Roche riding for GC was lamb dressed as mutton; he was going stale at Ag2R-La Mondiale and this move will shake things up. It could well be the making of him.

Replacing Roche at Ag2R-La Mondiale is the diminutive Italian climber Domenico Pozzovivo. The piano-playing pocket rocket finished eight in this year’s Giro, winning stage eight in the process. Signing ‘Dr Pozzovivo’ (a nickname stemming from his economics degree and love of history) makes perfect financial sense for Ag2R-La Mondiale, one of the poorer World Tour teams: the Italian will probably be on a smaller contract than Roche, and will stand a better chance of delivering a Grand Tour top ten. He is also a proven stage winner.

Besides Pozzovivo, Ag2R are really shaking things up with the arrivals of sprinters Yauheni Hutarovich from FDJ and Davide Appollonio from Sky, plus promising Colombian Carlos Betancur from the defunct Acqua e Sapone and veteran petit-puncheur Samuel Dumoulin.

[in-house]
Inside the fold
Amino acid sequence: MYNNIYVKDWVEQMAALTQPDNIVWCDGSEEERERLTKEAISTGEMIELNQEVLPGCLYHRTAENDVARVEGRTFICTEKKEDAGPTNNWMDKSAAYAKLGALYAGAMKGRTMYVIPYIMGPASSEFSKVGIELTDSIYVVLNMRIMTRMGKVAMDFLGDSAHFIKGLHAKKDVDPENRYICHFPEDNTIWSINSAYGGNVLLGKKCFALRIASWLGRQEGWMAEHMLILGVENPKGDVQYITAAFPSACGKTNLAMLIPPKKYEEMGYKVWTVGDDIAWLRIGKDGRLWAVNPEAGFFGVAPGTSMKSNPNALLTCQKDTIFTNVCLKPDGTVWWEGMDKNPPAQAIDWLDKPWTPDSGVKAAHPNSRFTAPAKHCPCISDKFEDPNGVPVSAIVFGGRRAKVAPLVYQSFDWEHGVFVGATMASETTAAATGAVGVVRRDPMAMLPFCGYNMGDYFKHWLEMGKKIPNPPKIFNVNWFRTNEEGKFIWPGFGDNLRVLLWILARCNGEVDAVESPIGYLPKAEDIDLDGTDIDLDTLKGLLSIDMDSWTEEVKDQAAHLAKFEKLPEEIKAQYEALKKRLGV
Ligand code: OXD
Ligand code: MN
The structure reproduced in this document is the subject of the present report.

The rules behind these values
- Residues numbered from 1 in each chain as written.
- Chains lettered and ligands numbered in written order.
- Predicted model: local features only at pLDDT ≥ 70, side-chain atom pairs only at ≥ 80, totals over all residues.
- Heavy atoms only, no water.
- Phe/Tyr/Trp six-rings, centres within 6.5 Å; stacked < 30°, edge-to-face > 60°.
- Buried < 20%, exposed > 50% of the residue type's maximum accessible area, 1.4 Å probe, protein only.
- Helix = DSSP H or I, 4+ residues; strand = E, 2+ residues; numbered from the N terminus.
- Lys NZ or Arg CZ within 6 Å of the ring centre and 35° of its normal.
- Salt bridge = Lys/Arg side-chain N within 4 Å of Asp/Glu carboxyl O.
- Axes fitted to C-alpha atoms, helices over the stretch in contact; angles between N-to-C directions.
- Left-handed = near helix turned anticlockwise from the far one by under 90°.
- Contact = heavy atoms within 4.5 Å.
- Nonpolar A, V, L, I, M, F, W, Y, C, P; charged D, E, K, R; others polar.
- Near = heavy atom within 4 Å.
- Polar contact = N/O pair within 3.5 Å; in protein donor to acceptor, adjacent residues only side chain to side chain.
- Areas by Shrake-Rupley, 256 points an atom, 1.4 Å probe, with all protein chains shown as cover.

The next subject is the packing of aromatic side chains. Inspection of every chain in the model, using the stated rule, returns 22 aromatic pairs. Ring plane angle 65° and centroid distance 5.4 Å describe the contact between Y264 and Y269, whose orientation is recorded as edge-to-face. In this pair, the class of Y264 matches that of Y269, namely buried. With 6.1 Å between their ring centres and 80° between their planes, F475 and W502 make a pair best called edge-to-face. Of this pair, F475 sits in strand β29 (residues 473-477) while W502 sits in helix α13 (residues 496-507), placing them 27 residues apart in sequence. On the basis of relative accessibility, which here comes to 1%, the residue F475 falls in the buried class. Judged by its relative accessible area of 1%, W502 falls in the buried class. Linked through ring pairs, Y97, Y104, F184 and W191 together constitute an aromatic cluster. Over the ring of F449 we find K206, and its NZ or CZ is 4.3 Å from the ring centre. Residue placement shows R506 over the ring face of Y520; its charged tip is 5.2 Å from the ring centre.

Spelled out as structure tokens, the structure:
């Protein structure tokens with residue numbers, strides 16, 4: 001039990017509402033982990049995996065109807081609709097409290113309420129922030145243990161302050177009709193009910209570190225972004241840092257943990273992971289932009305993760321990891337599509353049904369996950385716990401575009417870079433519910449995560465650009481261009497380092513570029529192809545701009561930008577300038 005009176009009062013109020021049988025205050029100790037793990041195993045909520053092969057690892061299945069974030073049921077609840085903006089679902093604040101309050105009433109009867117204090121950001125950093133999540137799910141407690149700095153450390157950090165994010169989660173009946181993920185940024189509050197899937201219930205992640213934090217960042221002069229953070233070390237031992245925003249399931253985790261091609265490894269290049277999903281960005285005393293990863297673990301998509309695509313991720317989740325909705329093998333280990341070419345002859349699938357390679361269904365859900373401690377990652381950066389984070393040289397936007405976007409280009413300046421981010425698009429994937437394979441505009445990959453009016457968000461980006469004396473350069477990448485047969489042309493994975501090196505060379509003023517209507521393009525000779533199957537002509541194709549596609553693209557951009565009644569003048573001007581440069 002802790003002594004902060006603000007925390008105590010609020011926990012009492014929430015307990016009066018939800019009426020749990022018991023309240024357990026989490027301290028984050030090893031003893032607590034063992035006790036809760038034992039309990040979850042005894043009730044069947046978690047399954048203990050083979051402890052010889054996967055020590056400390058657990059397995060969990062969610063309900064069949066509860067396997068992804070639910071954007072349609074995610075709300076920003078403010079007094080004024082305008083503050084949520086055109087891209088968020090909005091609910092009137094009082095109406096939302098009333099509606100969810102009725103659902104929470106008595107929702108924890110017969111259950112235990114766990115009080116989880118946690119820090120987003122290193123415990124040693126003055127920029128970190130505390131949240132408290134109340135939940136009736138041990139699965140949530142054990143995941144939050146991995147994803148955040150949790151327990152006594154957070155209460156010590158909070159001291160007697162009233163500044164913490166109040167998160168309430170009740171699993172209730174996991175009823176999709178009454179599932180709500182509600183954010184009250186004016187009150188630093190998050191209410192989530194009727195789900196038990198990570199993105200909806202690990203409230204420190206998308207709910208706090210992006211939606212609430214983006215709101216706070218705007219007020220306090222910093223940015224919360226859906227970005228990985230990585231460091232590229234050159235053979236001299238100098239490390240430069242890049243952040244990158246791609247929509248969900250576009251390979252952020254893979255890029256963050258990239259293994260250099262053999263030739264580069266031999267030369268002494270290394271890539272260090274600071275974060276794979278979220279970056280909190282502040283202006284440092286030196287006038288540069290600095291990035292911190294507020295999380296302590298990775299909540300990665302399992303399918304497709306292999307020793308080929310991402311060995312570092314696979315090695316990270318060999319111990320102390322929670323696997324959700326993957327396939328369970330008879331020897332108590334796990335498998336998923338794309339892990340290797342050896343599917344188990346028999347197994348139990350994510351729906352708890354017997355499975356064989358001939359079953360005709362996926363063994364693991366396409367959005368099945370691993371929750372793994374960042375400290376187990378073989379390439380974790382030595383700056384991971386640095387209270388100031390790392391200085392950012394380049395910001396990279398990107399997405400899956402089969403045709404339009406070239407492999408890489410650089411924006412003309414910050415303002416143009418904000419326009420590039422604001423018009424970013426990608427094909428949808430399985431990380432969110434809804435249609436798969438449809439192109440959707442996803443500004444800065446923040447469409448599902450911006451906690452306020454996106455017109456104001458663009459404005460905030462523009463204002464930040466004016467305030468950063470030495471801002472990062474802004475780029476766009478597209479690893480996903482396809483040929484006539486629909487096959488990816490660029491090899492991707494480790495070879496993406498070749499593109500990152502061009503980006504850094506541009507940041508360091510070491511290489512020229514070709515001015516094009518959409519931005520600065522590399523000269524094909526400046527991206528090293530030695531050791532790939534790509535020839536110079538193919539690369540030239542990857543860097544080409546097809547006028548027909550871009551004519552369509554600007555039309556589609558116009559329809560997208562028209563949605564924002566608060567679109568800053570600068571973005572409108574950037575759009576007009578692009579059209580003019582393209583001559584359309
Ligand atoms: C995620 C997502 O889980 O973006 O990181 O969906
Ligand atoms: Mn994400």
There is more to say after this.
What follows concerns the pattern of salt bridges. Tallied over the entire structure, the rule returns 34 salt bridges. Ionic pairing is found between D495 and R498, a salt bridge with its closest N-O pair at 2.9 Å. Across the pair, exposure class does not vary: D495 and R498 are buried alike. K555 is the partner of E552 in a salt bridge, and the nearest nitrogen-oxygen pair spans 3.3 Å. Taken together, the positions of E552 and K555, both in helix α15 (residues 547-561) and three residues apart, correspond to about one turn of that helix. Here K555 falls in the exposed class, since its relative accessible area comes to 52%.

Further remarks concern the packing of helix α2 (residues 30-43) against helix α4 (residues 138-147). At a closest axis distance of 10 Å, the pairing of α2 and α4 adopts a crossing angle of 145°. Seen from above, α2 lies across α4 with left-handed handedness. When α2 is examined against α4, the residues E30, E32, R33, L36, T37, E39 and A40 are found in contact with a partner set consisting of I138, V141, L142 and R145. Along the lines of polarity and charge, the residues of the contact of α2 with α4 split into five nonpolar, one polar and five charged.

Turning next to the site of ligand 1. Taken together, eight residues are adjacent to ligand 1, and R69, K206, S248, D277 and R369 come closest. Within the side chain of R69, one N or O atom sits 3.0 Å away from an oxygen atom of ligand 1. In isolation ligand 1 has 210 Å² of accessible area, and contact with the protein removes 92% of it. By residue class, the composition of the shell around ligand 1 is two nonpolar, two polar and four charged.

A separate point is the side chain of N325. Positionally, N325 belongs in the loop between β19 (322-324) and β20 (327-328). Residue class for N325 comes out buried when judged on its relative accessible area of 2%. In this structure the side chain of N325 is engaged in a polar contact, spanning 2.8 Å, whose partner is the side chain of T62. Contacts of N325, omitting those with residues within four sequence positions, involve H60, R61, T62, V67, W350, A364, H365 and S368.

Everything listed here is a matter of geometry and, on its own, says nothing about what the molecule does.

Cofidis, too, have ramped up their recruitment policy, with Frenchmen Jerome Coppel and Christophe Le Mevel arriving from Sauj-Sojasun and Garmin-Sharp, and most intriguingly, the arrival of Spaniard Daniel Navarro from Saxo Bank. The 29-year-old has been one of Contador’s most faithful lieutenants for the past four seasons but now, unshackled by duty, he’s reunited with former Astana manager Yvon Sanquer, who has taken over the helm at Cofidis.

The second-tier French outfit will hope that a three-pronged attack of Navarro, Coppel and Rein Taaramae will bring more success than recent years (that won’t be hard).

These mini revolutions at both Cofidis and Ag2R come on the back of several lacklustre seasons in which French rivals Europcar and FDJ have impressed. Interestingly, the most successful of those teams – Thomas Voeckler’s Europcar – have been pretty much inactive in the market, losing only their second-tier sprinter Matteo Pelucchi to the new Swiss team, IAM Cycling. Will they suffer? Time will tell.